It’s a December tradition here at BGB. Each year I fall hopelessly behind in my reviews, and I struggle to put something together for each book with the added pressures of the holiday season. This year I’ve decided to eliminate the backlog and have some fun by pitting similar books against each other for mortal literary combat. I’ll start by telling you how they’re similar, then give a brief overview of each book, and then pick a winner.
How they are similar: In both novels, each chapter could stand alone as a solid short story, but when taken together they tell the story of a cultural institution in decline. Each novel is told from a number of perspectives; each chapter represents another character’s point of view. Both are included in the NYT’s 100 Notable Books of 2010. Both have titles that are relatively baffling in the context of the stories that they tell. Each deserves a much longer and well-considered review.
First Up: The Imperfectionists by Tom Rachman
The Imperfectionists is the unsentimental story of an international English language newspaper based in Italy. It is also the story of the newspaper industry as a whole. This particular newspaper begins almost on a whim through the efforts of a wealthy industrialist who runs away from his Georgia home and businesses to begin the enterprise. Along the way we hear from reporters, editors, proofreaders, over-matched family members who inherit the business, etc. Each new character adds nuance to the story of the paper by focusing keenly on a particular person’s story who just happens to be involved with the paper. Rachman pulls off the dazzling trick of making characters that we hear from for the length of a single chapter fully-formed and completely realistic, as opposed to card board cut outs of industry “types.”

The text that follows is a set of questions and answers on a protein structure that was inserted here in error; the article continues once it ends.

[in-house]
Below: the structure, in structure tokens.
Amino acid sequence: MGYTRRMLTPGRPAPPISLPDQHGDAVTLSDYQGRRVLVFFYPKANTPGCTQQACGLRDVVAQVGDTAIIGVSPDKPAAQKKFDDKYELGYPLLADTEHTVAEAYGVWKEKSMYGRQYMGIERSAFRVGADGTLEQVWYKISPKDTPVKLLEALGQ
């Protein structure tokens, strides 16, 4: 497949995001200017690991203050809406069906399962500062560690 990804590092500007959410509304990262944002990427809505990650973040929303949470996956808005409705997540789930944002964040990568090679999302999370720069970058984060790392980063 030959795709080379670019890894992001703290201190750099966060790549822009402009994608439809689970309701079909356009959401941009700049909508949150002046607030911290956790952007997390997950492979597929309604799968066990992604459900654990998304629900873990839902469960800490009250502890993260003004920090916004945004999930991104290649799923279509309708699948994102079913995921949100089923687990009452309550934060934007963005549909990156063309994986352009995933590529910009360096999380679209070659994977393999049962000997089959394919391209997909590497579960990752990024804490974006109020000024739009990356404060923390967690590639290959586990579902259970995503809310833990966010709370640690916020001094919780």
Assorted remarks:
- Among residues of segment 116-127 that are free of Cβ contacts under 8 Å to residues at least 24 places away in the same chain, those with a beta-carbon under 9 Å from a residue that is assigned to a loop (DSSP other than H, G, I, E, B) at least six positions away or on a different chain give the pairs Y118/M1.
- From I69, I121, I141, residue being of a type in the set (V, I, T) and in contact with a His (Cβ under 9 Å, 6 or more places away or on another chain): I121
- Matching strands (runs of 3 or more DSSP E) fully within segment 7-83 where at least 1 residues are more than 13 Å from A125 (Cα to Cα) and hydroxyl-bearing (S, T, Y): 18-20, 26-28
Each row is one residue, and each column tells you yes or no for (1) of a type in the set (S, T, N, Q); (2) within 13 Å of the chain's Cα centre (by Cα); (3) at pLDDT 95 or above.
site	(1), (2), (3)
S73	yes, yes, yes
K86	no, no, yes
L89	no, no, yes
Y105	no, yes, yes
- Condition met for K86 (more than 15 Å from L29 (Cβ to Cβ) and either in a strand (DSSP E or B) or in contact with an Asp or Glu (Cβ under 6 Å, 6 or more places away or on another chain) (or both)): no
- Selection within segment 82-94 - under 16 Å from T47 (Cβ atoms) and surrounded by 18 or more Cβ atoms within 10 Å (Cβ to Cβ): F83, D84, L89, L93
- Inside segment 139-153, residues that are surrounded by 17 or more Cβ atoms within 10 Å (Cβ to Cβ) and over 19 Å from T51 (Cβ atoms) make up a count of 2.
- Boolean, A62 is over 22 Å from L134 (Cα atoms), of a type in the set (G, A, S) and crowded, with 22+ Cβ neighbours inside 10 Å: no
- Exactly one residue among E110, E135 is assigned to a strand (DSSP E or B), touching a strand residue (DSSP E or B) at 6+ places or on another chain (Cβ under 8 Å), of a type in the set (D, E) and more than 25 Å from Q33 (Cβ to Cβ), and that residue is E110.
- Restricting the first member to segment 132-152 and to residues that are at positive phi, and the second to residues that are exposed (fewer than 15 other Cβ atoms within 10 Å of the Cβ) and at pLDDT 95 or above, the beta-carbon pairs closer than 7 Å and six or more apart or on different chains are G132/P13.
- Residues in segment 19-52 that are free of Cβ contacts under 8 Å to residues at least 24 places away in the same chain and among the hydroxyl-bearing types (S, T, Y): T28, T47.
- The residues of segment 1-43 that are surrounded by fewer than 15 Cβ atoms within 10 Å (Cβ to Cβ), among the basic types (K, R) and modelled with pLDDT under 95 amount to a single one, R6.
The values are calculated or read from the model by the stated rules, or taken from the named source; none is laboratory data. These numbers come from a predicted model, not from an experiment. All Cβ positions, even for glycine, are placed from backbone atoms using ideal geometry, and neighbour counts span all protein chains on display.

The Challenger: A Visit from the Goon Squad by Jennifer Egan
Goon Squad is the warts-and-all story of a famous record producer/label owner and the people who fall in and out of his orbit. It’s also the story of the modern music business as a whole. Egan also chose to tell her story by focusing on a different character’s perspective over each chapter. Along the way, we learn about aspects of the music business from callous execs, label-owners, musicians, groupies, managers, and others. The stories from inside the industry ring absolutely true. The author must ave spent a great deal of time learning about the industry from both its survivors and its cautionary tales.
The Winner: Despite my oft-professed love for the intersection of music and literature, I pick The Imperfectionists in this particular battle. Goon Squad is exactly two chapters too long. The final chapters take place in the future, and Egan’s imagined future of music reads like a comedic parody of everything that’s come before. The novel completely loses the mood and realism that it worked so hard to create . The Imperfectionists, however, remains true to its story and allows the story to close with quiet dignity.